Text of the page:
Sooner or later, many people start thinking about starting to run. If this is your “first date”, and you don’t plan to quit this in two weeks (or a month – one of Greatpaper authors tested that on his own), it is better to come prepared. And here is a possibility – a short guide for those who want to start running. Even if you tried already, it’s nothing bad if you refresh some things in your mind.
There usually are three main reasons for people to quit running. The first one is physical: too hard. Reason number two is psychological: difficult. The third one is combined, physically-psychological: too hard and too difficult. The third case is when you run and everything hurts: legs, right side of the body, arms, and literally everything. Head starts thinking something like: “Hey, buddy, why won’t you quit this useless running? Go and do something socially useful. You're a part of society, you know?”
And that is when the main thing is to keep going. Because of that, one should start running carefully, keeping up with all the rules. That rules not only help you keep your physical condition well, but help you be psychologically prepared, too.
Walk a Lot. Really a Lot
How it often happens.
You put on your sports uniform and shoes, and then… come outside, start at a high speed, and get done very fast as a result. 500 yards and you can’t breathe, your liver hurts badly and legs can’t move.
How it should happen.
Every human is able to become a runner. We all are literally born to run. All we need to do is to remember how to do it right. Experienced coaches often advice to start slowly and get faster moderately. The best way to start is walking! Just walk a lot. If you can’t do that on week days because of your job, then do it at least on weekends.
Then you can start to run at a really SLOW tempo, changing running and walking activities. Your tempo should allow you to talk during the whole run. Once you feel you lack air, slow tempo down, or start walking. Train three times a week. Then you’ll be able to increase duration four-five times more.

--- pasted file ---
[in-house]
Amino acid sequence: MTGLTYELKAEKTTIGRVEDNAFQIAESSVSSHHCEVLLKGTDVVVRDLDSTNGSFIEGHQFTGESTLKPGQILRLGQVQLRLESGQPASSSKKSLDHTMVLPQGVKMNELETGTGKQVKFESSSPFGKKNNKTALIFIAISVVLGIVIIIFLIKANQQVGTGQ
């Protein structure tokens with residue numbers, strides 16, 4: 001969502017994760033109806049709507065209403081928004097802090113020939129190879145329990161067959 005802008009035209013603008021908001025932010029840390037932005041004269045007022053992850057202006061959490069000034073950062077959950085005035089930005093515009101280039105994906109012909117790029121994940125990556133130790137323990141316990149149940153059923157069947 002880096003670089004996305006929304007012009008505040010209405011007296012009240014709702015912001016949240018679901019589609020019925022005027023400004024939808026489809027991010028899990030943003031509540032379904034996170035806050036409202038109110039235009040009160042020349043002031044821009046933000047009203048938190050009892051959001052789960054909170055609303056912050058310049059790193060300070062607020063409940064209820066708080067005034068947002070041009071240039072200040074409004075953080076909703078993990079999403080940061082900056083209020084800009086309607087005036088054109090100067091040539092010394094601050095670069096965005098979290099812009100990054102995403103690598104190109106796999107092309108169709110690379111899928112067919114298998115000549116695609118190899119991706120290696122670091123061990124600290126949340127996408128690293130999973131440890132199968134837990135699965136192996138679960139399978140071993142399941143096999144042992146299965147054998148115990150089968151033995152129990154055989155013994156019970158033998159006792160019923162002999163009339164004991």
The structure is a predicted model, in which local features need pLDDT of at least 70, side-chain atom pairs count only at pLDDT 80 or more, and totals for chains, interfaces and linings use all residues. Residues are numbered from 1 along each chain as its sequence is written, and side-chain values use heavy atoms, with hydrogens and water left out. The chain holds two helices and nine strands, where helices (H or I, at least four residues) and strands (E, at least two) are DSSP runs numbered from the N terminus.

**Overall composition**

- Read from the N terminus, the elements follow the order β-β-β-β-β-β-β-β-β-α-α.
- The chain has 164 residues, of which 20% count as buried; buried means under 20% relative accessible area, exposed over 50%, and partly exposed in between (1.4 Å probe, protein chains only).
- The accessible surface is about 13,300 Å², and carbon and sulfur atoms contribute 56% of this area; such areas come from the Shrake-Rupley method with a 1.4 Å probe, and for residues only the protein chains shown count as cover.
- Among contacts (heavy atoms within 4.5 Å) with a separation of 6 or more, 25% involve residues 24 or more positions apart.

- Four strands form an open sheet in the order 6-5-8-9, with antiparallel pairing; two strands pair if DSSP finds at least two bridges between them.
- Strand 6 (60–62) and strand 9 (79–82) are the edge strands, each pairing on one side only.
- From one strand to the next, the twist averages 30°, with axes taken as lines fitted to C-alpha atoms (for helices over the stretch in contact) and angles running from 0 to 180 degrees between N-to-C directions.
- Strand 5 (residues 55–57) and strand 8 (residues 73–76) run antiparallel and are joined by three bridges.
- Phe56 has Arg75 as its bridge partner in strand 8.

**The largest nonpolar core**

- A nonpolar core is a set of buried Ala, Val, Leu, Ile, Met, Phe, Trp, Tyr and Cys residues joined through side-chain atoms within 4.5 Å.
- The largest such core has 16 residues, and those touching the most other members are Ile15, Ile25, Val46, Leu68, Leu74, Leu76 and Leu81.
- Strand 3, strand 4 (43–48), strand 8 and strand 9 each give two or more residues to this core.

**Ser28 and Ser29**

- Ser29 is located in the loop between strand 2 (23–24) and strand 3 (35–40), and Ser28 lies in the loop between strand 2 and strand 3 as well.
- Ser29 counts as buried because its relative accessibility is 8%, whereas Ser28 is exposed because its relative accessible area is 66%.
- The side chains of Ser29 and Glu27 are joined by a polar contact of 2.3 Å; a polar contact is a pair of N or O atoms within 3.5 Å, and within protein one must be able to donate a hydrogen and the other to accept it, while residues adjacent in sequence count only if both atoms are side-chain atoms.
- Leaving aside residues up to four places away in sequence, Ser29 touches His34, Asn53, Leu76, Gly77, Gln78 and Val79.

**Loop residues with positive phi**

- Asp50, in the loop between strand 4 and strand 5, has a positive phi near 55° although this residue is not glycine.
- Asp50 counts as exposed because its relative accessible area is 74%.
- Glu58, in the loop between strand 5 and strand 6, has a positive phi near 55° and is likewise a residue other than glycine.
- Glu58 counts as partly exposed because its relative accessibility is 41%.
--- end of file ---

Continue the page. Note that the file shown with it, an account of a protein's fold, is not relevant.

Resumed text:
10-week plan for running and walking
- 2 minutes to run, 4 minutes to walk
- 3 minutes to run, 3 minutes to walk
- 4 minutes to run, 2 minutes to walk
- 5 minutes to run, 3 minutes to walk
- 7 minutes to run, 3 minutes to walk
- 8 minutes to run, 2 minutes to walk
- 9 minutes to run, 1 minute to walk
- 13 minutes to run, 2 minutes to walk
- 14 minutes to run, 1 minute to walk
- Run only
Start every run from 5-minute walking. Same to finish your daily training. If you feel tired before the exercise finishes, then your tempo was too high, or you’ve chosen too intensive part of training, or you run for too long. Revise your plan and choose something easier. And don’t sweat it, even if you move slightly faster than just walking speed, you are already a runner.
Don’t Forget to Warm Up
Good warm-up makes your training easier. Plus, you’ll be able to run longer, and to deny the risk of traumas to its minimum.
Additionally, warm-up is not only the way to activate your muscles and increase blood pressure. It is to launch the whole neuro-muscular system which makes our body prepared to the upcoming run. The organism starts producing fat-burning enzymes, and they help our aerobic system to work more effectively. Joint fluid becomes warmer. That’s useful for all the joints.
After your training is finished, cooldown time comes. As you already understood, cooldown is the period to cool the body, bringing it back to a standard working mode. Sudden stop influences your heart and blood system negatively. It is much better to walk during few minutes after the run ends, and not to fall down at once. If talking about any bracing exercises and the lack of time, it’s okay if you brace at home before going to bed.
It’s sad, but lots of people completely ignore warmups and cooldowns. It is not only about newbies, but those who gave themselves a second chance after the failure, too. They often explain this with the lack of time, simply refusing to understand how important these exercises are for the training and health in general.
Change Running Surfaces
Many runners don’t even think about that. One can diverse running exercises not only by changing the tempo, but by surface change as well. Every surface has its own effect. The body gets used to a surface.
For example, first week you should run on a treadmill desk. Next one: go to the asphalt outside in your neighborhood. The third week: try running on dirt tracks in the park, and then on the sands of local beach.
Yet if there is a surface not worth running on, that is a concrete. Even asphalt is a bit springy. Concrete is absolutely solid and doesn’t amortize your feet while they hit the surface. That is a direct way to injure your legs.